Where You From?

Knoxville doesn’t elect non-native mayors—at least not lately

When was the last time we had a mayor who wasn’t a born-and-raised local?

In any other year, trying to recall the last exception might seem a droll parlor game. But this year, we might ask ourselves, a little urgently: Can we elect a mayor who’s not from Knoxville? Or one who’s not even from Tennessee? Most of us would say, of course we can. We’re broad-minded and cosmopolitan. We just haven’t, lately. If you remember the last time Knoxville elected a mayor who wasn’t raised in Tennessee, you also remember the bombing of Pearl Harbor.

Whether that matters may lurk in the background of this year’s election. Once-vigorous candidate Marilyn Roddy, originally from Columbus, Ohio, dropped out. But Madeline Rogero appears to be the frontrunner. She has been a public figure in Knoxville for three decades, but is originally from Florida, by way of Ohio, California, and Illinois.

Bill Haslam, Victor Ashe, and Kyle Testerman, our mayors for the last 27-odd years, were all born-and-raised, more-or-less lifelong Knoxvillians, give or take college years or a sojourn abroad.

How far back that streak extends depends on how we define native, and native of what. Randy Tyree was originally from Carthage, in Middle Tennessee—he first moved to Knoxville to attend the University of Tennessee law school, 15 years before he became mayor. John Duncan Sr., who was mayor in the early ’60s, was from Scott County. Cas Walker, who brandished a couple of brief and peculiar spells as mayor in the ’40s and ’50s, was from Sevier County.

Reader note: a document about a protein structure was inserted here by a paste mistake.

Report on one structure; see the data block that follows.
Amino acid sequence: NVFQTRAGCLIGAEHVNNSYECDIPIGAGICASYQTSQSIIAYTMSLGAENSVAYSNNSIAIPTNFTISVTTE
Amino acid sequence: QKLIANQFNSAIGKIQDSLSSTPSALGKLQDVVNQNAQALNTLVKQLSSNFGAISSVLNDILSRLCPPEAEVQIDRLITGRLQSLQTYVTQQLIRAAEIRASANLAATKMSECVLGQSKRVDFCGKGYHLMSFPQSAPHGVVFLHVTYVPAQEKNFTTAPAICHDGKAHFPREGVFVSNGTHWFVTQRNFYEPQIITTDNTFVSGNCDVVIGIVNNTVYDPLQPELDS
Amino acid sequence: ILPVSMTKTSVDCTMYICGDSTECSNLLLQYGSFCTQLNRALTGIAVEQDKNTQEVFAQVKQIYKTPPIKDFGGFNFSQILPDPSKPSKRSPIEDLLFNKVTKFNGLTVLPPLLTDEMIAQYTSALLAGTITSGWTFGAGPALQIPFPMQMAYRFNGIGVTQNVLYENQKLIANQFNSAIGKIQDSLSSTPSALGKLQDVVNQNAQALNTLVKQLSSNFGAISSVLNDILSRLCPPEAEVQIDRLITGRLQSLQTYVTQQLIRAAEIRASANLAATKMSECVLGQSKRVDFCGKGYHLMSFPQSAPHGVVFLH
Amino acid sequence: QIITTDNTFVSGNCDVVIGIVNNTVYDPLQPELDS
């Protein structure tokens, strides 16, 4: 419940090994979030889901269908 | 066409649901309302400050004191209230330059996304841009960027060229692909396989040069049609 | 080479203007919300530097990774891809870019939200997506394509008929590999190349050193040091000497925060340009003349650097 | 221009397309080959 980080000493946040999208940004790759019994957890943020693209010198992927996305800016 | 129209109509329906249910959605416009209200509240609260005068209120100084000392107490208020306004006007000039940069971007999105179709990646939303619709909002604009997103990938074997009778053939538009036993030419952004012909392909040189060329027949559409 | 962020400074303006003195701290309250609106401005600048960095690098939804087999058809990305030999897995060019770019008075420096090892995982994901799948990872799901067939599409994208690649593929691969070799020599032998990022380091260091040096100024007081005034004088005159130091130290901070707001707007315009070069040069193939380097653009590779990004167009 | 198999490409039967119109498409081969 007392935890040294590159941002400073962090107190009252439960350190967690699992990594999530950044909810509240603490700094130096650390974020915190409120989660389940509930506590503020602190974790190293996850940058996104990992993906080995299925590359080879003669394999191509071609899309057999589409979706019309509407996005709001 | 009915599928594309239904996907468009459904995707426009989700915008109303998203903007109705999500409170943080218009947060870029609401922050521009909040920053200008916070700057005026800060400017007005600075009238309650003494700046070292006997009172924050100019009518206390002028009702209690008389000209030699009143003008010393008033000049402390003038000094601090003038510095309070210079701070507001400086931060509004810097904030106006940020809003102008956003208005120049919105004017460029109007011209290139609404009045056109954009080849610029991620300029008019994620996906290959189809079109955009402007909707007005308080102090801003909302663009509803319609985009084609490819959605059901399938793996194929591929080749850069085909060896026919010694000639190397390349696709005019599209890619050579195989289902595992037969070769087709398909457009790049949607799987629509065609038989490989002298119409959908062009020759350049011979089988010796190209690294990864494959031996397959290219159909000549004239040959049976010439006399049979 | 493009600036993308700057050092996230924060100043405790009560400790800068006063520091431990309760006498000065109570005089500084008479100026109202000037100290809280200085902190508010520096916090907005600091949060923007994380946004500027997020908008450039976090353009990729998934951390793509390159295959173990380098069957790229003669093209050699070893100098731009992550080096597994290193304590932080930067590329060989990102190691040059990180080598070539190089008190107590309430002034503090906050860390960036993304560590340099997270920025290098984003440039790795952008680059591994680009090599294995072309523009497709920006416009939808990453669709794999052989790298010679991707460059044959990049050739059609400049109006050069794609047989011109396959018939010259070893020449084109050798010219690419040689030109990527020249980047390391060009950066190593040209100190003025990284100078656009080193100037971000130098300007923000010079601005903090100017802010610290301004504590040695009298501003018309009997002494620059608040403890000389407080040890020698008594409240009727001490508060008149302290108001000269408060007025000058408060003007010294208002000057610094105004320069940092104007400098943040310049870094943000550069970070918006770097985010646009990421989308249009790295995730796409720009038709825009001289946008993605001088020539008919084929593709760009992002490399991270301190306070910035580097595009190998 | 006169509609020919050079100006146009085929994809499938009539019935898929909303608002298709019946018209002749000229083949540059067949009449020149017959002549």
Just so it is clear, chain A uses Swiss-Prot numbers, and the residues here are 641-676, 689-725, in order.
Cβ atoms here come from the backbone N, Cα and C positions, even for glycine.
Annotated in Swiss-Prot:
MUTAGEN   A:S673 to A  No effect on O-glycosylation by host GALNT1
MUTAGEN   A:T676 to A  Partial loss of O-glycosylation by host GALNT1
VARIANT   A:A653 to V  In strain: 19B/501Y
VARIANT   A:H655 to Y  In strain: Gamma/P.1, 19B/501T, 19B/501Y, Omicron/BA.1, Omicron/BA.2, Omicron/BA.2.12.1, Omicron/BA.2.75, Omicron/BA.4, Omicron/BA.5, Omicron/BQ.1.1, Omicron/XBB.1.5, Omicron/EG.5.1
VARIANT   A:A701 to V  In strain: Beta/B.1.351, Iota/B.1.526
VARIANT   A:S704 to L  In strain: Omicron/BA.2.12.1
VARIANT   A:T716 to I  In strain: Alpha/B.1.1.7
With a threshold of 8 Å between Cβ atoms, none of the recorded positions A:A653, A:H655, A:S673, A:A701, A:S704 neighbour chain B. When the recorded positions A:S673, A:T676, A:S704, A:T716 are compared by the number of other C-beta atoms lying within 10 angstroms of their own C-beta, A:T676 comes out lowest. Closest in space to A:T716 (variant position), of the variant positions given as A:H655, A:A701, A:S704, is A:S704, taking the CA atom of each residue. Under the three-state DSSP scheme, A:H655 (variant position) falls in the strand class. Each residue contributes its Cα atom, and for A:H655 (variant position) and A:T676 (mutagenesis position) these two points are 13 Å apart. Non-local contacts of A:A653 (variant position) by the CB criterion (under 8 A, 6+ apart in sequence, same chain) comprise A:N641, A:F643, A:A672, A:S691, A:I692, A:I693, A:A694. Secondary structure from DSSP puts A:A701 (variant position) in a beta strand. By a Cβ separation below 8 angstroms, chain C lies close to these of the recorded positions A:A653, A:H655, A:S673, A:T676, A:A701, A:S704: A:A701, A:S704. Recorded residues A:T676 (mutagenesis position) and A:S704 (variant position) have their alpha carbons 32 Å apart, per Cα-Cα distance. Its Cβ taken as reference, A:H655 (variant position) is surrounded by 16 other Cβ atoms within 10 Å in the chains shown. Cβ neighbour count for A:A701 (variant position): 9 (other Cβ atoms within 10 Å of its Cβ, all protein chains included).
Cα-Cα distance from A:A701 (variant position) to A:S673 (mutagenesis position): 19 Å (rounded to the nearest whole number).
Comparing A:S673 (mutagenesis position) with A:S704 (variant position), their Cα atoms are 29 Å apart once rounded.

Well-liked 1960s Mayor Leonard Rogers had his beginnings much farther away, but still in Tennessee, Shelby County—a relative exotic by the standards of recent Knoxville mayors. But since World War II, all of Knoxville’s mayors have been native Tennesseans. As near as I can tell, all but those two were East Tennesseans. That streak might leave folks wondering whether non-natives should even bother. What are these arrogant outlanders thinking?

But in the deeper past we have indeed elected quite a few folks who weren’t from around here at all. Fred Allen, a prominent politician of the 1930s and ’40s who served two years as mayor starting in 1940, had come here as an energetic young heating-oil man from Birmingham. A remarkable guy who didn’t begin his political career until he retired, at 65, he became one of the most influential leaders of his time, instrumental in choosing the site of McGhee Tyson airport and in pioneering early air-pollution abatement measures. He became mayor at 74.

E.W. Neal, mayor from 1919 to 1923, was from Ohio. John S. Van Gilder, an influential banker, manufacturer, and developer, who took the helm as mayor in the early 1870s and oversaw the first public schools in Knoxville, among other things, was from New Jersey—the Jersey Shore, in fact. But he didn’t come the farthest.

It’s safe to say nobody out there remembers a Knoxville mayor who had a foreign accent. There have been several.